Watch Slayer's Tom Araya Covering Mötley Crüe's Looks That Kill In 1983

An old rehearsal video from 1983 shows Slayer frontman Tom Araya giving Mötley Crüe's Looks That Kill a thrash metal workout.

Watch Slayer's Tom Araya Covering Mötley Crüe's Looks That Kill In 1983

The renaissance Mötley Crüe are having with the release of their biopic The Dirt is a solid reminder that the band weren't just another floofy arena rock act, but heavy metal pioneers. In fact, the band's music was so much a part of '80s metalhead culture that even thrash dudes would cover it...including Tom Araya of Slayer, who can be seen in this early rehearsal footage dug up by our buddies in Metal Injection performing a cover of the Crüe classic Looks That Kill.

The line-up seen here is an early incarnation of Tom's brother John Araya's band, featuring John and Dimitri Galeos on guitar, Al Messi on bass, and Jake Alvarado on drums. The band was apparently fond of playing cheap gigs at keggers and college parties, covering bands like Judas Priest, Scorpions, Dio, and even the Crüe.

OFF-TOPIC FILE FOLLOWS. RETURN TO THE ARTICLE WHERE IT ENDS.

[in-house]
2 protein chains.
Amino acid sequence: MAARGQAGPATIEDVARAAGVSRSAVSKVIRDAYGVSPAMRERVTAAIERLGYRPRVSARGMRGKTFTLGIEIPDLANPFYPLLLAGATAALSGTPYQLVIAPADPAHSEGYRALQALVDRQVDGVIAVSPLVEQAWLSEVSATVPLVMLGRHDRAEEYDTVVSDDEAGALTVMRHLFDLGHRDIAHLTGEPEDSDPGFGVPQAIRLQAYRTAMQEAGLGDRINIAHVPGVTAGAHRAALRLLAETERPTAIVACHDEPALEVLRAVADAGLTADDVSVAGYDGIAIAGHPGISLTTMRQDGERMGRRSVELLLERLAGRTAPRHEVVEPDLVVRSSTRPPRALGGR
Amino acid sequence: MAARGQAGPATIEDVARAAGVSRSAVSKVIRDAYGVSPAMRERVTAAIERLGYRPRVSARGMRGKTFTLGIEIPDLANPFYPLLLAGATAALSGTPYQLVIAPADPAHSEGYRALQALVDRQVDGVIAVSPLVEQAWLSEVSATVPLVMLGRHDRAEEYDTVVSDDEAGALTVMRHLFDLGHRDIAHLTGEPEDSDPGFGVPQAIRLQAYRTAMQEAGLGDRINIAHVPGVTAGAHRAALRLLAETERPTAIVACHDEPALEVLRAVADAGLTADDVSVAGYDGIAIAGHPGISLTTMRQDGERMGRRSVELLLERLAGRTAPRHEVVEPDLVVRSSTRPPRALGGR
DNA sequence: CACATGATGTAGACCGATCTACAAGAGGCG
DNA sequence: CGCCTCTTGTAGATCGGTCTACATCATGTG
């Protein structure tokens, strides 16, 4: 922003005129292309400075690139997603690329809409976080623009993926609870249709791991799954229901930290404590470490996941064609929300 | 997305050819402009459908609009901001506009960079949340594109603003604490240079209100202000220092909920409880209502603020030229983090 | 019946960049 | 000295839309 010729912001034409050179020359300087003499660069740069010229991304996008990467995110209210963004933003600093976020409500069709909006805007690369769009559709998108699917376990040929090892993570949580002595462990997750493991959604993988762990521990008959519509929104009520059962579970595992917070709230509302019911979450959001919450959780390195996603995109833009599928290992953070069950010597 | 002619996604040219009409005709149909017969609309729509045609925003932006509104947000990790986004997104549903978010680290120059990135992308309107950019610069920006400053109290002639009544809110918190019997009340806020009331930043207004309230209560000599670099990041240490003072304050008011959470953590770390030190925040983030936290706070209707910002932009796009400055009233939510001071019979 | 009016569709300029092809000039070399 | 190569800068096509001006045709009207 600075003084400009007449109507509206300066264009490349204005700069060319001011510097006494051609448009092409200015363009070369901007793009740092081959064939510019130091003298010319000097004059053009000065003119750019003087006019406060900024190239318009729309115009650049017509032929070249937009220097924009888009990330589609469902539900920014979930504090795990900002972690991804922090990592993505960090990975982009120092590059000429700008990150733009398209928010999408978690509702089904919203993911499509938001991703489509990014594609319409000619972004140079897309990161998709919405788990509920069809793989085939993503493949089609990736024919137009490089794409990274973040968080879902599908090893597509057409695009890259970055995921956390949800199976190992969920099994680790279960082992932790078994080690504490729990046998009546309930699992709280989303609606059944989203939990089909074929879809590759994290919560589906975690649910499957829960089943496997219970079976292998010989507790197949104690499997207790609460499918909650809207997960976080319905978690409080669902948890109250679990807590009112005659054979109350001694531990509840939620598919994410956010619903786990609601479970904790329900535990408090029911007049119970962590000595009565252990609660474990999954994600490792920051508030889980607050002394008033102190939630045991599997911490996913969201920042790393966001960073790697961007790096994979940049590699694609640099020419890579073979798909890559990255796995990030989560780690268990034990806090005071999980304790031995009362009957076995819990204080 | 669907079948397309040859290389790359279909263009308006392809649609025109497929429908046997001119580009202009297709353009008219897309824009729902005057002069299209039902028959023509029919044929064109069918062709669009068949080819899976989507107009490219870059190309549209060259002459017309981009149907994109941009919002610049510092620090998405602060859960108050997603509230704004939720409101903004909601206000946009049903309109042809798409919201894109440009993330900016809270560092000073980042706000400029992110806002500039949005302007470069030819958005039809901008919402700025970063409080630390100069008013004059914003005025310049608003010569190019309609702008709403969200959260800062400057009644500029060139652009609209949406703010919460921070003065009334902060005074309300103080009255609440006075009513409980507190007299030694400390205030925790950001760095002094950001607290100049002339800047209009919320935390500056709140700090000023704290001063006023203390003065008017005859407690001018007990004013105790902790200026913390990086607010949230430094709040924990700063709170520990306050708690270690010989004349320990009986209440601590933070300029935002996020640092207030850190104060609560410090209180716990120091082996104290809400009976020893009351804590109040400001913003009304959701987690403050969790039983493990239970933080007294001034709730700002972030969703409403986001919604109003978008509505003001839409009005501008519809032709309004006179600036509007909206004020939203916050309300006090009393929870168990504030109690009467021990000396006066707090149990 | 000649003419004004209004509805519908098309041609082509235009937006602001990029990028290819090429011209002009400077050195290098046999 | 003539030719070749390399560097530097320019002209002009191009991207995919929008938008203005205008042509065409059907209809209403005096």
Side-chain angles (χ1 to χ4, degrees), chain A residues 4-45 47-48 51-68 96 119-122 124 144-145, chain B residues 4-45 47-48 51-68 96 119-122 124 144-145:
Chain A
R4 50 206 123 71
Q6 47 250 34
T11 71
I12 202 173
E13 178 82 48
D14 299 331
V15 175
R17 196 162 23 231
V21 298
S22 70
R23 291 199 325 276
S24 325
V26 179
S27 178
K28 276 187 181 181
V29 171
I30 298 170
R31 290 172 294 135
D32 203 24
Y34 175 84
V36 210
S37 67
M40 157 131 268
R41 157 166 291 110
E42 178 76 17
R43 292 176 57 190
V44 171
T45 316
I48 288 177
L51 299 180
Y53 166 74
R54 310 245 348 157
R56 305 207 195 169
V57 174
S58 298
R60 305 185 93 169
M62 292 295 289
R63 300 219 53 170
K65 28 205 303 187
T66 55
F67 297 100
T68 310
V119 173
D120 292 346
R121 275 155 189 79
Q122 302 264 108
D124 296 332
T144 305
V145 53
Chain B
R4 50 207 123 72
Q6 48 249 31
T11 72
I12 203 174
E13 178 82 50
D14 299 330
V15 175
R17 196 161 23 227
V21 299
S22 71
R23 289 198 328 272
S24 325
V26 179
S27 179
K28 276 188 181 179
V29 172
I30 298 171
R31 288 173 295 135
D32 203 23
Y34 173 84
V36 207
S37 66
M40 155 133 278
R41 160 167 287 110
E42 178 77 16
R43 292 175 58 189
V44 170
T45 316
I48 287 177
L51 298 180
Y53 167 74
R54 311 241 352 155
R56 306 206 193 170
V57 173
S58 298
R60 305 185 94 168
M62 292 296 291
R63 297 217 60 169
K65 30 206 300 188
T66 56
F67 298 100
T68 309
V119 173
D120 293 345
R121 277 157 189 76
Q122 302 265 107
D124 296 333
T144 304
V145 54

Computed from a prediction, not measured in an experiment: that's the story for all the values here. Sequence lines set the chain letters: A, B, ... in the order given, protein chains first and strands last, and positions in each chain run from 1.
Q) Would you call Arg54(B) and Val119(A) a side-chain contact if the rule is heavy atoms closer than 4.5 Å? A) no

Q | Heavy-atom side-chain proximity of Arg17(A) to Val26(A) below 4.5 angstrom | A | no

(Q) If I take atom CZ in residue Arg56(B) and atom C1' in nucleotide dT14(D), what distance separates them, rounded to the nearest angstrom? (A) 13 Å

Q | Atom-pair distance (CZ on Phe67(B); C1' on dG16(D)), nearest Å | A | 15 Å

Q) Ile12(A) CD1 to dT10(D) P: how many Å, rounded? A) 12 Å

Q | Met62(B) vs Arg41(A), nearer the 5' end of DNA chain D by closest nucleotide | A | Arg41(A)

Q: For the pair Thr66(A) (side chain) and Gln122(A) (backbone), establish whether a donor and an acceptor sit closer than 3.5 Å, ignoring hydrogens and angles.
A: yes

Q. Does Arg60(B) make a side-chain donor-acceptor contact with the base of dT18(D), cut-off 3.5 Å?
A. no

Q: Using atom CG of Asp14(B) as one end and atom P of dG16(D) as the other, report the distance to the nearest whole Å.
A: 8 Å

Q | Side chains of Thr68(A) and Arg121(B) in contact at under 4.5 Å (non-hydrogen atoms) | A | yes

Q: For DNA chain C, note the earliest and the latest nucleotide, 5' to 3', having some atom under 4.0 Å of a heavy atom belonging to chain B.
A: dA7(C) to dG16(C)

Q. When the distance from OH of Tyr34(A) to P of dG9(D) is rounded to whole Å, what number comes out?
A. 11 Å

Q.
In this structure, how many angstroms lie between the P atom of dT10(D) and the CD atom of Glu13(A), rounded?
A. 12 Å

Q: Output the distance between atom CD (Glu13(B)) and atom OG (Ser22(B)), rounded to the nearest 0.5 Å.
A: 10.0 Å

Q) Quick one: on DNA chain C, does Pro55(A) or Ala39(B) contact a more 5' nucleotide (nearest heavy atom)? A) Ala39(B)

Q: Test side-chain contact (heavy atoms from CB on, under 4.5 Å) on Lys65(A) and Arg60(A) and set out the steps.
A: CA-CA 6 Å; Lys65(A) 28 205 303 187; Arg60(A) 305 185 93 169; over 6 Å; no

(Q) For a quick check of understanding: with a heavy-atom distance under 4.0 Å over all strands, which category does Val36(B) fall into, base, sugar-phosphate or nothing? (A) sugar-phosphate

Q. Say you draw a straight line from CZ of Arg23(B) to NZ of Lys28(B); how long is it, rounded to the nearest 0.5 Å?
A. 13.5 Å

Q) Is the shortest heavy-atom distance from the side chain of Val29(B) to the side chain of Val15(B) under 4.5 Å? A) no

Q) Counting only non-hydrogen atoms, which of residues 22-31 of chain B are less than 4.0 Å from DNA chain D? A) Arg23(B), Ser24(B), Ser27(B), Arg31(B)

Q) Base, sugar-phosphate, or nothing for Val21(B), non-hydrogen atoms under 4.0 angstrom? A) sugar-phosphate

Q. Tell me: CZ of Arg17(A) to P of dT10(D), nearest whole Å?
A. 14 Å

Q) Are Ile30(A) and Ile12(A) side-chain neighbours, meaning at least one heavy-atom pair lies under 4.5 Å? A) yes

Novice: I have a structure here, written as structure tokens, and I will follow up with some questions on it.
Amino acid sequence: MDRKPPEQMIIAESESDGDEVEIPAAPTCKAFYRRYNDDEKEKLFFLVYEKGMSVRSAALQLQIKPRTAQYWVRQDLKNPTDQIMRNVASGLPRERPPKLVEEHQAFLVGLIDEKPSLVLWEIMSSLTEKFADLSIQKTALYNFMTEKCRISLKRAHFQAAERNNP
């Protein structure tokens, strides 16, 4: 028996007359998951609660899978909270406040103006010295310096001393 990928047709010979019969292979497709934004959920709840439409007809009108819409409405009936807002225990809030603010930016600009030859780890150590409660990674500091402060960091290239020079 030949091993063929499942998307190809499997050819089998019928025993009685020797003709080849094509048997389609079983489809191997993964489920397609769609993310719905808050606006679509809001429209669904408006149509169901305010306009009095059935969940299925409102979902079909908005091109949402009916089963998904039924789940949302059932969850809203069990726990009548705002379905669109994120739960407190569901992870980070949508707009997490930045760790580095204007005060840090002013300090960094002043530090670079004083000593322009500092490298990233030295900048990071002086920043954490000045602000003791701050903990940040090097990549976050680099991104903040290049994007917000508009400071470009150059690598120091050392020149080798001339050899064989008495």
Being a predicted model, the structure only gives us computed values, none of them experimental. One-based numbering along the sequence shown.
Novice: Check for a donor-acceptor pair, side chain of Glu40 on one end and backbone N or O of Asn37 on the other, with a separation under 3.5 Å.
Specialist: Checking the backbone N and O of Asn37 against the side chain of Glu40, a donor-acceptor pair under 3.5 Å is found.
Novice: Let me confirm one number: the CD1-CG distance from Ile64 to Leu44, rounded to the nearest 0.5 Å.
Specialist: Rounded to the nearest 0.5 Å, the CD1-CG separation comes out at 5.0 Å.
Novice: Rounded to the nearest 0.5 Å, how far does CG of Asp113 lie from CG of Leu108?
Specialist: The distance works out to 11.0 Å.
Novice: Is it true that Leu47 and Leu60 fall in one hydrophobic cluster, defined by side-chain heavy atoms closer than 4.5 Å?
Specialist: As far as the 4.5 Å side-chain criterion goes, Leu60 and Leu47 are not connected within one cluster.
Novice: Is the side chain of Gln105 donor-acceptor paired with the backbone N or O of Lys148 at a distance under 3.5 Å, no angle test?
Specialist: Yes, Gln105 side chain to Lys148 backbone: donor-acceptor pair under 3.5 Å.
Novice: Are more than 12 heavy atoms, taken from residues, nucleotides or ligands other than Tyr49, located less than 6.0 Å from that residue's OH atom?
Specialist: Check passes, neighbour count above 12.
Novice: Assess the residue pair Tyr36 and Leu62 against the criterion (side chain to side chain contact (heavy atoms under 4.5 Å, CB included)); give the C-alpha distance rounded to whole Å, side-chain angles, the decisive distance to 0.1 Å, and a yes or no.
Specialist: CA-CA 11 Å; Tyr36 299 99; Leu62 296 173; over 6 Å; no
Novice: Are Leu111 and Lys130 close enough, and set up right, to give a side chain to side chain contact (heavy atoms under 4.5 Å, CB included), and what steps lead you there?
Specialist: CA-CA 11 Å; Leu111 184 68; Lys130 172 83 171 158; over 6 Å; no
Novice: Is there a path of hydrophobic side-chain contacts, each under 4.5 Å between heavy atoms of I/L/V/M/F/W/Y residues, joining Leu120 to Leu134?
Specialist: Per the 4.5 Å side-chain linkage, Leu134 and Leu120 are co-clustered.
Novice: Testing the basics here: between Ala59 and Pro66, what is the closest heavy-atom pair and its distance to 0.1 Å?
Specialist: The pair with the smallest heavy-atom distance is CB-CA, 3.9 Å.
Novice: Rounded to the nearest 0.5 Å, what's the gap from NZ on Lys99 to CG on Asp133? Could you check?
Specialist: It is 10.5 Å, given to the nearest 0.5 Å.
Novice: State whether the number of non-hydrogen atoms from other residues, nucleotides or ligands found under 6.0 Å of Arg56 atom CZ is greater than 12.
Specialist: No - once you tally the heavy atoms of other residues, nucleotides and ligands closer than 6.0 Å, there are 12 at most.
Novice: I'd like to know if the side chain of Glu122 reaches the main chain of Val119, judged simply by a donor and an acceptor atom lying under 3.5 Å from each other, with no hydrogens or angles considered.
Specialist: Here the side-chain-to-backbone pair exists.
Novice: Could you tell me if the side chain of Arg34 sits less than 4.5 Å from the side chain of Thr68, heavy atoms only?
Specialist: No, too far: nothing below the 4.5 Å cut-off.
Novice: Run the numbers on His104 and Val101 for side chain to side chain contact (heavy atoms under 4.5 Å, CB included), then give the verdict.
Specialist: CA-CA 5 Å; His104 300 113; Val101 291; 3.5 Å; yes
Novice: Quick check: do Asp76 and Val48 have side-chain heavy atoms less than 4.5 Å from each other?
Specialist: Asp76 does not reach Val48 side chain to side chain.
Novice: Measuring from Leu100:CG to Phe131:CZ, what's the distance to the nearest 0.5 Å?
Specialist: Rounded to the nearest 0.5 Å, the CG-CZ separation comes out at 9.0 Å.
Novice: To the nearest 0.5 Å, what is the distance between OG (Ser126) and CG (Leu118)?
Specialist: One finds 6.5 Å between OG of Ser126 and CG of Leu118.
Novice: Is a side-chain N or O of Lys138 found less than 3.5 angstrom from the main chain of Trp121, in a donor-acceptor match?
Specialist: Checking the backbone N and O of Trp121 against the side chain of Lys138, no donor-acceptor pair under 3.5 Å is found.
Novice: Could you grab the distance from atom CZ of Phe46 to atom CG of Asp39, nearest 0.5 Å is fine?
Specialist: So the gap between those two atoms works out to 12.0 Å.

Check out Tom putting a thrash edge on Looks That Kill below:

Something this video reminds the world is that until metal became a massive chart of carefully-defined subgenres in the late '90s, bands like Slayer and Mötley Crüe were usually held in similar regard, at least by those outside of the world of metal. Both played heavy riffs, sported satanic imagery, and wrote songs so evil they'll be forever feared by polite society.

Obviously, Slayer went harder in the paint on the satanic side of things, but that was the whole point of thrash metal -- to push boundaries and be more extreme. Meanwhile, the Crüe were almost certainly beating Slayer in terms of sex and drugs.

Discussing the over-the-top depiction of his band in The Dirt, Nikki Sixx says, "I was thinking about this: if there was a movie made about the Colonial period and it left out the burning of the witches, what kind of film would that be? In 2019, burning witches is obviously bad, but I think we all know that. When it comes to our movie, we understand that the way that society was at that time [in the ‘80s], girls and guys acted in different ways. It was a different time. We’ve grown up from that. But the one thing we never did, and I need to say this, is we never abused our power. That’s something that I think is important to know. Whatever we did was consensual. It was wild and it was fun – I mean, every band was going fucking crazy – but what if we omitted that because it’s not politically correct in 2019?”

Anyone who discovers rehearsal footage of Mötley Crüe covering Slayer should contact us immediately.

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